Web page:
Back at Jefferson: Eleven Days Meeting Starts Under Favorable Conditions, Daily Racing Form, 1924-03-06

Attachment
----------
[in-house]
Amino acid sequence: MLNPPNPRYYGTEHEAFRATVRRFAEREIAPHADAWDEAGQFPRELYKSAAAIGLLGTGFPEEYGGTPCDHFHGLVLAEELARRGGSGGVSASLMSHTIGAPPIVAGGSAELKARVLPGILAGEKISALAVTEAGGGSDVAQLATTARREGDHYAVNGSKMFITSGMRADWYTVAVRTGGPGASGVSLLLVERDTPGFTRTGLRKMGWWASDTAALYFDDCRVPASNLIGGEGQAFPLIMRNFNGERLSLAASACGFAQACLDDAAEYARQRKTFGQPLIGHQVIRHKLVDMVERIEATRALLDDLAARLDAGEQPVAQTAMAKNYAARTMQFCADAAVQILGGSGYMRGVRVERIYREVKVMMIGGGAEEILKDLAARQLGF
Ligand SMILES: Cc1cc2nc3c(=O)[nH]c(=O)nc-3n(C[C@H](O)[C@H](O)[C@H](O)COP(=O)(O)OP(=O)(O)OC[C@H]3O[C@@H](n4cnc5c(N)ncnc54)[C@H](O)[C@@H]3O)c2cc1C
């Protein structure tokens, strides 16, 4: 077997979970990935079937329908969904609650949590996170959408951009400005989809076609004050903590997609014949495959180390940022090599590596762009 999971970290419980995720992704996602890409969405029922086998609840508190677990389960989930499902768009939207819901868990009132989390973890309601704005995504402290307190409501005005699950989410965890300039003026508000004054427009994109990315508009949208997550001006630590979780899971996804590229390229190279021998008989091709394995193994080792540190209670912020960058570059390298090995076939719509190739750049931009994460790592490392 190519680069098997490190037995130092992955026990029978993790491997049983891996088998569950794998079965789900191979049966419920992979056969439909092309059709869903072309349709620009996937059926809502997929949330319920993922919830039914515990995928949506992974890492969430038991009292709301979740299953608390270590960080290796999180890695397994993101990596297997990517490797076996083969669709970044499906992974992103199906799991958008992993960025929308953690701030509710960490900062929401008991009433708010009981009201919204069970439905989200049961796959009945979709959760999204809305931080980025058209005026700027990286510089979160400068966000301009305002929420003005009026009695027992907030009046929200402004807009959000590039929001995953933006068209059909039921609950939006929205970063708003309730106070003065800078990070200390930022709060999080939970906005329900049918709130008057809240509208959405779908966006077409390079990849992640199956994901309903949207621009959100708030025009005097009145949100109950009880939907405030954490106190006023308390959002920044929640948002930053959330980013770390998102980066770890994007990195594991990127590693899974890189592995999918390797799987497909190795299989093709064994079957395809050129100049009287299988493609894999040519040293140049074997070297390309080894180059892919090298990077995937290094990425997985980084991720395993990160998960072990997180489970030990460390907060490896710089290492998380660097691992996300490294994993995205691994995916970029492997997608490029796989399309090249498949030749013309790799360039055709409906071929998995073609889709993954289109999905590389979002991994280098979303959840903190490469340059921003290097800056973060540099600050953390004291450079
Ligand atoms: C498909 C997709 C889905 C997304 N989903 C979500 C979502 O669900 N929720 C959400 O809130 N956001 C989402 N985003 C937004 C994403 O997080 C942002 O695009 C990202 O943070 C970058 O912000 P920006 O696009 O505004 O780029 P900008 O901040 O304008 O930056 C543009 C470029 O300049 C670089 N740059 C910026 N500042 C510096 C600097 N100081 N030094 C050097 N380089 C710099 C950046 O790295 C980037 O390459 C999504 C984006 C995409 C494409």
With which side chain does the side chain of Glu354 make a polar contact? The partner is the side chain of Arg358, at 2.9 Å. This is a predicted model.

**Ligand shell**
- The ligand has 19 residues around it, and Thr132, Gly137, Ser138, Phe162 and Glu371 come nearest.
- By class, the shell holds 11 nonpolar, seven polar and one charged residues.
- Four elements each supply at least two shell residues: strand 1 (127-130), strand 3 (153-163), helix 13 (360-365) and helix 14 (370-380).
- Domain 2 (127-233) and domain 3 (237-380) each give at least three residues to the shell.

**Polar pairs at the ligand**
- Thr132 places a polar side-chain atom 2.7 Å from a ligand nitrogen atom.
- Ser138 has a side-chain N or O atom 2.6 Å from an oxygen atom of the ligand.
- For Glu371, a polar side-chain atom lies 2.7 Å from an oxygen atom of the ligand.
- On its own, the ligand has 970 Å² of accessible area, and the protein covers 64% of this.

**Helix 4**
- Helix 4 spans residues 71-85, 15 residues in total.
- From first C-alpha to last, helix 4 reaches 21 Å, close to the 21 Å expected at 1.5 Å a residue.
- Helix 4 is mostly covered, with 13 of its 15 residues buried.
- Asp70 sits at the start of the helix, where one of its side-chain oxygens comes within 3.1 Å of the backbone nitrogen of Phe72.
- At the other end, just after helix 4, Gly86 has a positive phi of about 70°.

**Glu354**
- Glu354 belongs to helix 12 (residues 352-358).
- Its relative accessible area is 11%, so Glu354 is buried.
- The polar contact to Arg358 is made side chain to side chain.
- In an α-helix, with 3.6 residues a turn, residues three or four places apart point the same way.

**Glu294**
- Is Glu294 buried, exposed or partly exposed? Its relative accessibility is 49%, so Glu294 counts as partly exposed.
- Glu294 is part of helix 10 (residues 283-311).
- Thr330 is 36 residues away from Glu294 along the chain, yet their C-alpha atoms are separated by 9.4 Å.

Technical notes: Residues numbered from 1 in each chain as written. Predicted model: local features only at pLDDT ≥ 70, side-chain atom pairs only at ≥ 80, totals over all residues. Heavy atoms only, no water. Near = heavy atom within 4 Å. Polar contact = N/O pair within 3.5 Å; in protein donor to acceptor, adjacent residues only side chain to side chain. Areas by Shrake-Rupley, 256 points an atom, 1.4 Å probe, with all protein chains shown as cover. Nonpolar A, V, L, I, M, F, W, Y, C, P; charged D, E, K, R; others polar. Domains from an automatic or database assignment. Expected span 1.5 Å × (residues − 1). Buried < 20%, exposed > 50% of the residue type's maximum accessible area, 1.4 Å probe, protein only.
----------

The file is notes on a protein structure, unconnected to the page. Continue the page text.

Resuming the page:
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BACK AT JEFFERSON Eleven Days Meeting Starts Under Favorable Conditions. Jockey Corcoran Riding Star of Day With Three Winners Moonrakers Good Race. NEW ORLEANS, La., March 5. Racing was inaugurated at Jefferson Park this afternoon for a spring term of eleven days and will end on March 17, when the curtain is rung down on the sport in these parts until next fall. Summerlike weather and perfect track conditions were contributing factors in bringing about excellent sport. The attendance was of generous proportions and comfortably filled the plant. Ring activities were also of satisfactory order and the forty-six price quoters, while reporting lesses. felt satisfied that action will be on a par with the Fair Grounds and opportunity to even up deficits sustained during the afternoon. Originally the opening days offering contained an excess number of carded starters in the different dashes, but a heavy list of withdrawals reduced the fields to comfort-. able size, excepting in the third in which some lowly ones engaged and it brought to the post fifteen, the limit number. The big lield was responsible for the fall of False Alarm, ridden by G. Breuning, but luckily! the rider escaped with a shaking up only. Jockey J. Corcoran was the particular ridirigstari"brthe day, with three winners to his credit. Parke pressed him hard with a pair of victories. EQUALS TJIACK JlECOItD. The Greentree Stable had the honor of annexing the first purse of the meeting with its Moonraker, ruling a prohibitive favorite. He justified the confidence placed in him by winning with consummate case from Tuscola and Lieutenant Farrell. Tuscola gave the winner a hard tussle during the earlier periods of the race, but when it came to the real test, Moonraker drew away with ease and won commandingly. He ran the five-eighths in 1:00, which equals the track record and had he been urged to do his best he could have lowered the mark. There were no particular features, the program suffering as a result of the stars taking part in the racing on the preceding day at the Fair Grounds. The fourth race, at a mile and a sixteenth, developed a fine contest with an clement of doubt whether the officials would allow Doughnut to retain the purse after she had won it. This was due to the slight interference she had subjected Dumbfounder to in the last seventy yards when he swerved over toward the inner rail. She had Dumb-founder in close quarters, ultimately forcing Jones to take back. Jones claimed a foul against the winner, but the stewards, after deliberating, thought that the interference was not enough to justify a disqualification and left the placing stand as the horses had originally finished. Rustem landed in third place. Doughnut had been backed to favoritism, while Dumbfounder also found many supporters. Dumbfounder was prob-alrty the best in the race and with the same energetic riding that Parke gave Doughnut would have won. FIVE FAVOItlTES WIN. Backers of favorites were in the spotlight rnd managed to land on five of the afternoons winners. They followed their initial success by backing Caligula in the second lace, and were extremely lucky to cash here, the favorite managing to get up in the stretch to down Kingsclere and "Whalebone. The erratic Hidden Jewel showed a dull performance and retired fast after reaching the stretch. Rush Buck was lucky to win the third race from the big band of starters and only the vigorous finish of Parke enabled him to get up in time to wear down Melbourne. The latter, ridden by the veteran, W. Crump, showed fine speed, but gave way in the last twenty yards. Levoy finished tl ird. Escarpolette furnished the upset of the fifth race and enabled Corcoran to land his second winner of the afternoon. Corcoran kept the notionable, mare at her best 1 ace from the start, well up with the leaders, and she stood a hard drive- in the stretch to get home a short neck before the fast-coming Tody, with Richelieu in third place. The veteran Sands of Pleasure that Corcoran rode in the final race found conditions exactly to his liking and, benefited by a good ride, he succeeded in outstaying another veteran, Sway. Repeater was best of the others. Sands of Pleasure was the favored one, having .displaced Sway when report was spread that Sway was stiff and sere. He raced well and held on gamely. Henry Cavanaugh, trainer of the Mrs. W. J. Potter stable, reports that he has had the three-year-o5d Boy O Boy fired and that the colt will be out of racing until the Latonia meeting.

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